|Blog >||Login||Register||User Profile||Posts||Topics||Players|
Who could be against that?
The reason the VAT gets so much resistance from the right-wing is that the way it is done in Europe, business are forced to give you a net price only. If they gave you a retail price and added the tax on at POS (like we do with sales taxes in America), people wouldn't slouch into 20% VAT rates, they would be outraged. Same principle applies here.
I thought this was a pretty good article, explaining that Christian sympathy for the poor does not translate into advocacy for the political project of reducing inequality.
Sympathy for the poor does not necessitate envy and hate for the rich. It doesn't even necessitate begging from the rich, let alone taking from the rich by force. It means giving of one's own time, resources, wisdom, and compassion in helping the poor and helping them help themselves.
I have often pointed out the importance of the age-income relation in understanding income inequality. About a third of income inequality is due to age and life-cycle effects, and the greater these effects the better. So income inequality is a mixed bag of good and bad (article on this forthcoming).
So I noted with appreciation the St. Louis Fed's linked article (summary) that came out today about a study they did on income and wealth inequality in the U.S.
The income inequality takeaway was nothing new, apart from a short-hand metric they used to quantify it:
And they measured wealth inequality the same way:
Of course, to those familiar with the literature, there is nothing surprising that wealth inequality (as measured this way or in any way similar to income inequality) is wider than income inequality. However, the summary appears to indicate that this apples-to-apples comparison means that "wealth inequality is a much greater dilemma" than income inequality, which is just not the case. Wealth inequality has been and will always be more pronounced than income inequality. That alone does not make it a greater dilemma.
But I was pleasantly surprised to see the following:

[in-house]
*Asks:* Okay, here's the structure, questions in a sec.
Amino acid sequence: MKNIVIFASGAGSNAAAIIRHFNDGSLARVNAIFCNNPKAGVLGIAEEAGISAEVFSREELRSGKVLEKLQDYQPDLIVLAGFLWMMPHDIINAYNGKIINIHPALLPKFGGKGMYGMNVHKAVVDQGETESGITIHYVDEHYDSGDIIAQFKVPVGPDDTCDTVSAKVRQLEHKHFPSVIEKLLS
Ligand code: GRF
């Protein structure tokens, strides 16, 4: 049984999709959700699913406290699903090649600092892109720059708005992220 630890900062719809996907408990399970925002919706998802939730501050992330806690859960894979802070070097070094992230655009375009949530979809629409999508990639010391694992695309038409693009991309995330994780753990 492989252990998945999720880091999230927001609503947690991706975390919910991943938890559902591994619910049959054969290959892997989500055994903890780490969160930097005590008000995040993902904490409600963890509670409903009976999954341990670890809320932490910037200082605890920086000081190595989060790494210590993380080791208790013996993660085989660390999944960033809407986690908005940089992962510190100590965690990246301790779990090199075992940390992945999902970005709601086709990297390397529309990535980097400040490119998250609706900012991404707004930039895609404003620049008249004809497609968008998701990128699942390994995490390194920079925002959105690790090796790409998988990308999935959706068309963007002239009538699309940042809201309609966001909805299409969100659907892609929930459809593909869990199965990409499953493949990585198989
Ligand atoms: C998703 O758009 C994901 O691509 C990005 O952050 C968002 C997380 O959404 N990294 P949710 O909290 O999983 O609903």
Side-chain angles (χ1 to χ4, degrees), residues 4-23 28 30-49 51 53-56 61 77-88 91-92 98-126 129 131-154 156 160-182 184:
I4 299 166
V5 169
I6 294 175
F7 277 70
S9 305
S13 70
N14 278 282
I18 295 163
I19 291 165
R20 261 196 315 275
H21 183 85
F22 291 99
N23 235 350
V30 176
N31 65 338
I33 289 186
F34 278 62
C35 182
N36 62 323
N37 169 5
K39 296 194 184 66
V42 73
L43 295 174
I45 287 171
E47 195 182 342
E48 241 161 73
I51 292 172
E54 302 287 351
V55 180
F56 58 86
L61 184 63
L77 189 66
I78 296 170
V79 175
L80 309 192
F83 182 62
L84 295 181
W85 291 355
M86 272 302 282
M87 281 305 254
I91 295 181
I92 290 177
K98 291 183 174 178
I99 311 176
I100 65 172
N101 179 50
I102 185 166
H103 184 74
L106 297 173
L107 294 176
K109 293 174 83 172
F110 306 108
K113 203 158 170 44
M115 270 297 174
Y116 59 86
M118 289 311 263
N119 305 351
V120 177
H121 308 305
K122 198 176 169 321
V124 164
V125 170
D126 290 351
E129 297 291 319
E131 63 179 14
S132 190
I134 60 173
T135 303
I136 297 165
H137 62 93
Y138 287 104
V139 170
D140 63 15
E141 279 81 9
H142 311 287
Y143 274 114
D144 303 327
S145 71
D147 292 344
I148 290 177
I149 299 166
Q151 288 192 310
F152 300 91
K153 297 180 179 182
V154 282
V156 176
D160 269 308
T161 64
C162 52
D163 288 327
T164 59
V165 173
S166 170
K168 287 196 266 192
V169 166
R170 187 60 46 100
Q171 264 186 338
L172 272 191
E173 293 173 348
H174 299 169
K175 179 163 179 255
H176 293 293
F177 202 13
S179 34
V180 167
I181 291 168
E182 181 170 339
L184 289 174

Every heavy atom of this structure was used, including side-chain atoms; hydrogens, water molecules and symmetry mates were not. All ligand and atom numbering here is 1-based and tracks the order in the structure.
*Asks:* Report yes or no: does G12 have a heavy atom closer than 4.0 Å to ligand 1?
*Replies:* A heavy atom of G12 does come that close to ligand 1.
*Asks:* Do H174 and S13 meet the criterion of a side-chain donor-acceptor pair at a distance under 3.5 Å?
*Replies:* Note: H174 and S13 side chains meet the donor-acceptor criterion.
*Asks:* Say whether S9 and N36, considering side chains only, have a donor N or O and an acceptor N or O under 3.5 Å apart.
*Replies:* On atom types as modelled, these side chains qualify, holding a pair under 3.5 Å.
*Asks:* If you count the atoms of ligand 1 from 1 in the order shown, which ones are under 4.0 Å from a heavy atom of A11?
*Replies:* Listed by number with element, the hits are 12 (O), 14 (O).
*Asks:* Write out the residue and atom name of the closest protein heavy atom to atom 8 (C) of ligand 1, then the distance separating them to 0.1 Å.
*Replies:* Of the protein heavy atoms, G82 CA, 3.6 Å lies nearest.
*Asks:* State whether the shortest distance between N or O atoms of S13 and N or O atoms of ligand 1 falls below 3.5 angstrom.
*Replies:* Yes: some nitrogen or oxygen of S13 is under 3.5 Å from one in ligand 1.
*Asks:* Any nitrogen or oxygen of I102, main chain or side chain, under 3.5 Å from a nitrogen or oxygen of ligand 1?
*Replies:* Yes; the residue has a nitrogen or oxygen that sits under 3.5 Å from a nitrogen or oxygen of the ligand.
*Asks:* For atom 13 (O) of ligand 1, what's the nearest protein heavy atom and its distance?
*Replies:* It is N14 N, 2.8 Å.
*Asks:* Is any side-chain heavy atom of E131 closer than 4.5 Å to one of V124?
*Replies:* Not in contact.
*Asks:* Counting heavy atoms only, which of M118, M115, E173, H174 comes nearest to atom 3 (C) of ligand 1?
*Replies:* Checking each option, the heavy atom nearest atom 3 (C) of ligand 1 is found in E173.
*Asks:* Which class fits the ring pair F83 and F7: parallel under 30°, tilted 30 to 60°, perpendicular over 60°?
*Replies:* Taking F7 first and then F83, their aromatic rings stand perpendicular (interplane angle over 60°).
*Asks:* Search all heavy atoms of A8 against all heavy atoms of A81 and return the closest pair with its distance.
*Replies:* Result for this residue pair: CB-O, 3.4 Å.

Thank you. Now, can we have the rest of the economics profession apply this same clear thinking to income inequality?
Prof. Don Boudreaux and Liya Palagasvili note a new tack from minimum wage proponents:
And then they skewer them:
What happened was they cherry-picked the data. They found a drop of statistics that favors their cause in a sea of unfavorability ... and then claimed that their opponents were drowning.
Why don't the media do this fact-checking?
Republicans seem to be better stewards of state government, based on their economic performance ...
Winship's analysis of Ryan's plan to break government dependence.
In the critically acclaimed movie Downfall, there is this one scene where Hitler is reviewing the progress of his counter-attacks in the defense of Berlin in April 1945. After several dispiriting reports about Russian advances, Hitler replies, "Steiner's assault will bring it under control." With some reluctance, General Jodl informs him that "Steiner couldn't mobilize enough men, [thus] he wasn't able to carry out his assault." Hitler blows up, ranting and screaming, "That Was an Order!"
The second-hand viewer of such a spectacle is both fascinated and bemused. Fascinated that someone as powerful as Hitler (once was) could expect that wanting or ordering something by consequence necessarily obtains it, regardless of worldly realities. Bemused that, upon realization of this distinction, the expecting person throws a temper tantrum unworthy of even the slightest sympathy.
Now far be it from me to compare Hitler with President Obama, his administration, or his apologists on the left. There are plenty of other instances in history of someone acting in the same way as Hitler did in this movie, it was just one that I remember most. But when the Washington Post publishes pieces like the linked one by Zach Goldfarb, one has a sense of fascination and bemusement that makes one remember such things. The expectation of dictated-command-causing-sheep-effect is not so rare, but never quite so pure.
Goldfarb's article shows the income ratios of various economic strata, first pre-tax, then with the "Bush" tax policy (as applied to 2013 tax rates), then with the "Obama" tax policy (2013). He then claims that, "If you've wondered whether Obama has made any headway at reducing income inequality, here's evidence that he has." Evidence? Oh, because his policy, since become law, says we will tax the rich more! It was so ordered, so it must have happened! Nevermind that policies have behavioral responses, such as less work effort, more tax sheltering, and the like. Or that there are a number of other policies or economic developments that may reduce or increase inequality apart from taxes. Or that there is an entire discipline of economics dedicated to studying and quantifying the intended and non-intended effects of economic policies. According to Goldfarb, we changed a law to reduce inequality, and therefore inequality is less! So it shall be written, and so it shall be done!